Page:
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Voting security questioned: Perdue seeks probe after study cites risks in new state system

Atlanta Journal Constitution

INDIANAPOLIS -- Gov. Sonny Perdue on Monday called for an investigation of charges that Georgia's new $54 million system of computerized voting machines is vulnerable to tampering.

"We're very concerned about the software, about the security of the ballots," Perdue said on C-SPAN while attending a gathering of the National Governors Association. "If [the machines] turn out to be not reliable or can be tampered with, then they're -- frankly -- useless."

In Atlanta on Monday, Secretary of State Cathy Cox expressed "total confidence in Georgia's new electronic platforms," which she said "increased the accuracy of the vote count fivefold last year."

Last month, a study released by Johns Hopkins University computer researchers cited "significant security flaws" in the system designed by Diebold Election Systems and used in Georgia and several other states.

However, election officials in several other states and some computer researchers have cast doubt on the findings of the Johns Hopkins study. They said it exaggerated the machines' vulnerability to hackers and failed to take into account the physical security surrounding the machines.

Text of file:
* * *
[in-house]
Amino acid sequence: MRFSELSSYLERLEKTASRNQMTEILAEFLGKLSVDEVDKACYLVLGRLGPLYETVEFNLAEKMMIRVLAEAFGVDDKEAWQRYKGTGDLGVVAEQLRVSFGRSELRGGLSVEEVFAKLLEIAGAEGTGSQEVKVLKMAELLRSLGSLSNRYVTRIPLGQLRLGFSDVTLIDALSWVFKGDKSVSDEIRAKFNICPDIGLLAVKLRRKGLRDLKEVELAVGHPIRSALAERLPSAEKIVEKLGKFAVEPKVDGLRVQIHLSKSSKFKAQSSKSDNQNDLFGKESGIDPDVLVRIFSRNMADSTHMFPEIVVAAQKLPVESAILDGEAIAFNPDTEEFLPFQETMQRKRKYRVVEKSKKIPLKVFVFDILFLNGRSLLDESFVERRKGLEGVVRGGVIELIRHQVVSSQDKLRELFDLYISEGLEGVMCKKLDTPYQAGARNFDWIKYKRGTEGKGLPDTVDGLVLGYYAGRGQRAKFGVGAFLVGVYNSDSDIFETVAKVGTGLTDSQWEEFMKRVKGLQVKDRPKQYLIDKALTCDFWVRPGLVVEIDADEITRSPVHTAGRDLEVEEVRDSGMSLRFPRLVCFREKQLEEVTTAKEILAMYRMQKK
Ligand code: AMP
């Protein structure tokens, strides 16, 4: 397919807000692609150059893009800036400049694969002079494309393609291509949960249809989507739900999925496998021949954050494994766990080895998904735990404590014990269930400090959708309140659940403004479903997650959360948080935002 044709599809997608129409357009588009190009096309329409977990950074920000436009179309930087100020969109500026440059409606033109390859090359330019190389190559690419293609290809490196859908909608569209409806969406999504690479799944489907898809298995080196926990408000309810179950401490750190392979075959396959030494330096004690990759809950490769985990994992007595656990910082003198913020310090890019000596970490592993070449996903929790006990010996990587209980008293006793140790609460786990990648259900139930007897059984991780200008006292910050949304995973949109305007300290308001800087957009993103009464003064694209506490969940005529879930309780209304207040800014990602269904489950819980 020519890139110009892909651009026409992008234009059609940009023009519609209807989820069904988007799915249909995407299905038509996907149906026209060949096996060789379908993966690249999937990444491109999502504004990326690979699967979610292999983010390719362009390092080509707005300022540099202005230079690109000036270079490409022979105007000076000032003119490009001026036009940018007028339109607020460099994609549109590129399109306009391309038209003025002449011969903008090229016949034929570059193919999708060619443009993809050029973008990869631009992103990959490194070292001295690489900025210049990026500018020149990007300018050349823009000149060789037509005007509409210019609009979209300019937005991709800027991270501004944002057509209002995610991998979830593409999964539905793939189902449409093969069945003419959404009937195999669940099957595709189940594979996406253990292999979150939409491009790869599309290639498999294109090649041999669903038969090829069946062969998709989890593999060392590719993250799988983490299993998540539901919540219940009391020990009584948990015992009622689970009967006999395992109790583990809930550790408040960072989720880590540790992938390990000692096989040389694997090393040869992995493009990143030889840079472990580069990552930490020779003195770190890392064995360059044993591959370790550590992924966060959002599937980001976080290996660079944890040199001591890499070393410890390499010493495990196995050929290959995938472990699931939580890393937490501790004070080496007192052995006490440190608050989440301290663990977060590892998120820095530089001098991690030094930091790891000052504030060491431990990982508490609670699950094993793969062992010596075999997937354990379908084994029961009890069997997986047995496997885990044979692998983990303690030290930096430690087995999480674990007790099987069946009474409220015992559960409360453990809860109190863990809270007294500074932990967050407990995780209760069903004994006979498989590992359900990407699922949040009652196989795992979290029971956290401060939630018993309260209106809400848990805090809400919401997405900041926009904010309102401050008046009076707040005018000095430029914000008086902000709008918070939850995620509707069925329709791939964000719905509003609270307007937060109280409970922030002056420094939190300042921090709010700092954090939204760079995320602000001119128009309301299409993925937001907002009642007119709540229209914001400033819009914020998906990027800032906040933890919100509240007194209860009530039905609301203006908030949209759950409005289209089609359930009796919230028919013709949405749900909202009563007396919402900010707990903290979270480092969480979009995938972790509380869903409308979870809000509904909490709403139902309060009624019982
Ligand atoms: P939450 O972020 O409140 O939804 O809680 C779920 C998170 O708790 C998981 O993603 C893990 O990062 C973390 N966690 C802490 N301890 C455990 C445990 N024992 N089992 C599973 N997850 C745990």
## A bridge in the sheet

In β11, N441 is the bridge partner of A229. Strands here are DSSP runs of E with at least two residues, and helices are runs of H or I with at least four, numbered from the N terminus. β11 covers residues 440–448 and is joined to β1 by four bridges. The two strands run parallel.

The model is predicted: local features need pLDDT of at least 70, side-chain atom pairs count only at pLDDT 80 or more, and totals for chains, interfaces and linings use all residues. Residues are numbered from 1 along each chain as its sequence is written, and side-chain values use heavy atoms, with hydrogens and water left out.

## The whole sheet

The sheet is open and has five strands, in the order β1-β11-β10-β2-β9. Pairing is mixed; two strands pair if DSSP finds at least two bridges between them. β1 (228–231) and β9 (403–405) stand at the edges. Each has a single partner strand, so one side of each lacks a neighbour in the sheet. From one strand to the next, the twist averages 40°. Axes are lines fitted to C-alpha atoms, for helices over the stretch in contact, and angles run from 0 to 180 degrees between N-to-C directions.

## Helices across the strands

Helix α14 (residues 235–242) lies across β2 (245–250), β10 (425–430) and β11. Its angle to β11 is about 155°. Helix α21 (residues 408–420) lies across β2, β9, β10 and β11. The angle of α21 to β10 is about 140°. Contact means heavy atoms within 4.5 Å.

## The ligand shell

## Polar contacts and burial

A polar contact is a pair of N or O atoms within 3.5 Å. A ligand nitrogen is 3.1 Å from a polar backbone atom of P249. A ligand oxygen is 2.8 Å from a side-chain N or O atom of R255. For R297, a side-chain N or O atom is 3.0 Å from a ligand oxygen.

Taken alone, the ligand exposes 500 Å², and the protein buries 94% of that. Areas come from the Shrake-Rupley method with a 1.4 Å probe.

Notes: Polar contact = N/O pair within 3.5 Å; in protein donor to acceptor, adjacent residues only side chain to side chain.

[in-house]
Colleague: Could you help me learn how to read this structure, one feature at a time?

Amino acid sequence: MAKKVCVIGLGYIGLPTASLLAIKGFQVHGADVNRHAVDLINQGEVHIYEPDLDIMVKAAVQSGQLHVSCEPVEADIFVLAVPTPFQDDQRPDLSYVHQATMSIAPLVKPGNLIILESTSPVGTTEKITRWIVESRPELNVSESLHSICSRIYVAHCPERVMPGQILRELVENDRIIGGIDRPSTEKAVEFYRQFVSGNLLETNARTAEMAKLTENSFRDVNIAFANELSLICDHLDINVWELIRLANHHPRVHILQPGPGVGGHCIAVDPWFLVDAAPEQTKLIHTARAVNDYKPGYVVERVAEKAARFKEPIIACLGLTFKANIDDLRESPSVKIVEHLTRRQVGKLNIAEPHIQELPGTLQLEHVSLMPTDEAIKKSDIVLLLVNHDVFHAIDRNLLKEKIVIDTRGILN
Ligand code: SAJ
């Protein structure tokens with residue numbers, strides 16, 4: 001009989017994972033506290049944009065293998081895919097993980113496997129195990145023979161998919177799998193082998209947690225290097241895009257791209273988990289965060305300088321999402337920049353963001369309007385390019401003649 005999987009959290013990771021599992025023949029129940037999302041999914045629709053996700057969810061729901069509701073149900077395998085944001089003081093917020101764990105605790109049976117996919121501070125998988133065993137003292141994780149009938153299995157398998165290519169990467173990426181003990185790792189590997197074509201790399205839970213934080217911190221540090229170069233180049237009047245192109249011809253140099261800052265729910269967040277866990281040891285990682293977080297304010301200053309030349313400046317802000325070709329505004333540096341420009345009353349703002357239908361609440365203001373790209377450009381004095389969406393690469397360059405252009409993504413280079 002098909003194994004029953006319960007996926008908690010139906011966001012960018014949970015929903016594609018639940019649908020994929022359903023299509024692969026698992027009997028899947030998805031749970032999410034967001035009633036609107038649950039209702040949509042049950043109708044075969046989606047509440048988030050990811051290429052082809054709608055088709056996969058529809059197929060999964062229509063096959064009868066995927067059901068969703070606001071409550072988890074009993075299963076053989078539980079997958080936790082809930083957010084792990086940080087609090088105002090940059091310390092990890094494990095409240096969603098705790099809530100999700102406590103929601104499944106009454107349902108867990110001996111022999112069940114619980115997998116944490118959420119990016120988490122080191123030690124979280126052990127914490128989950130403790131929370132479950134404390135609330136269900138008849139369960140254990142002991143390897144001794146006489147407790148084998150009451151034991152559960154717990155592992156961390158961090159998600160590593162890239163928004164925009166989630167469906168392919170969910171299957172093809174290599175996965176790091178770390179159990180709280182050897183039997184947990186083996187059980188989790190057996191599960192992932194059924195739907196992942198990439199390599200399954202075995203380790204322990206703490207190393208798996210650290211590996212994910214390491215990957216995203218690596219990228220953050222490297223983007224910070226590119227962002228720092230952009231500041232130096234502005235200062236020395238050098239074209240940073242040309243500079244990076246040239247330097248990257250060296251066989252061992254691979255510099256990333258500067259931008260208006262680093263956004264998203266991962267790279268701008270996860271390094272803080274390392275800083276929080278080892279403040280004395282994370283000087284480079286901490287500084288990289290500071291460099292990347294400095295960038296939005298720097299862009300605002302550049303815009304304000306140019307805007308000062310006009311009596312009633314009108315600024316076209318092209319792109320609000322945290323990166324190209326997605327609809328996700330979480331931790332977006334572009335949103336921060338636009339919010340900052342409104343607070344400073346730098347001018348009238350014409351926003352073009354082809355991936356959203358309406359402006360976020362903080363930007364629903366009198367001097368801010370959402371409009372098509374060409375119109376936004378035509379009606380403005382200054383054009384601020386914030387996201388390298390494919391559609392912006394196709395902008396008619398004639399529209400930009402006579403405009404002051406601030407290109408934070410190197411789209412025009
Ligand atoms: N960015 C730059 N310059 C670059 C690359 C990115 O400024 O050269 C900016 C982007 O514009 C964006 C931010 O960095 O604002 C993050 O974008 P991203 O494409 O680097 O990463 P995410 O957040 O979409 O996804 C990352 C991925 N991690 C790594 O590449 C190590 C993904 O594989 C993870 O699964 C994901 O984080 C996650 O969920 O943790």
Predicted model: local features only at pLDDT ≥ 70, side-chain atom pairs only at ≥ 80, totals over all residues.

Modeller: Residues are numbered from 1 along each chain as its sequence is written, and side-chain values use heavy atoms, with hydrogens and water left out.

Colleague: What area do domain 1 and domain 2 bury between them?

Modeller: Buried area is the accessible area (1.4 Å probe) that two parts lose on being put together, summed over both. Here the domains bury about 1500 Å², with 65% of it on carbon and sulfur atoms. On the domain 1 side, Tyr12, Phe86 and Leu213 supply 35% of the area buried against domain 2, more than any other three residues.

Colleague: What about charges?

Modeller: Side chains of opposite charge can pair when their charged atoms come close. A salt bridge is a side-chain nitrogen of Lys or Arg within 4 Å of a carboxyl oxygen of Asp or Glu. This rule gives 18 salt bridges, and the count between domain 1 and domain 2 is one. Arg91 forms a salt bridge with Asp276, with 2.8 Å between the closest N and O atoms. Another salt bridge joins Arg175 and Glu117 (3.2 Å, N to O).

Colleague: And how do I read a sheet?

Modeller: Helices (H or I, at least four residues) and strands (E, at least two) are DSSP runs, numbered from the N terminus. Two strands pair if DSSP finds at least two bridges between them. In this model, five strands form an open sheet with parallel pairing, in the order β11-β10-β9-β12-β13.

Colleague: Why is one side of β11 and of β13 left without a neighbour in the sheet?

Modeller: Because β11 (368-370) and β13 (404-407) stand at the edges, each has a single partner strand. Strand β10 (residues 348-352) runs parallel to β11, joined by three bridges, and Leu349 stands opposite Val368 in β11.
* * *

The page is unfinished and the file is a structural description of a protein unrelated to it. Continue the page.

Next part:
After Perdue commented on C-SPAN, he elaborated: "We've got to assure the public that software cannot be rigged and it cannot be changed to stuff the ballot box electronically."

The governor said he would ask Cox, a Democrat often mentioned as a candidate for governor in 2006, to re-examine the system. She implemented it in November, after questions were raised about Florida's ballot system in the 2000 presidential race.

Although the state Republican Party has raised questions about the machines, Monday was the first time Perdue has said the Johns Hopkins study warrants a closer look.

Cox said in a statement: "Although we've not previously heard anything from Governor Perdue indicating concern about the integrity of our election system, we welcome his questions."

Perdue, one of the first public officials elected through use of the machines, acknowledged Monday the voting system's popularity with voters.

Questions about the integrity of computerized voting machines have been stronger in other states, which only now are implementing the systems. In Congress, pending legislation would require such systems to include a "paper trail" for vote checking.

On Friday, Cox plans to host an explanatory session for Georgia members of Congress.
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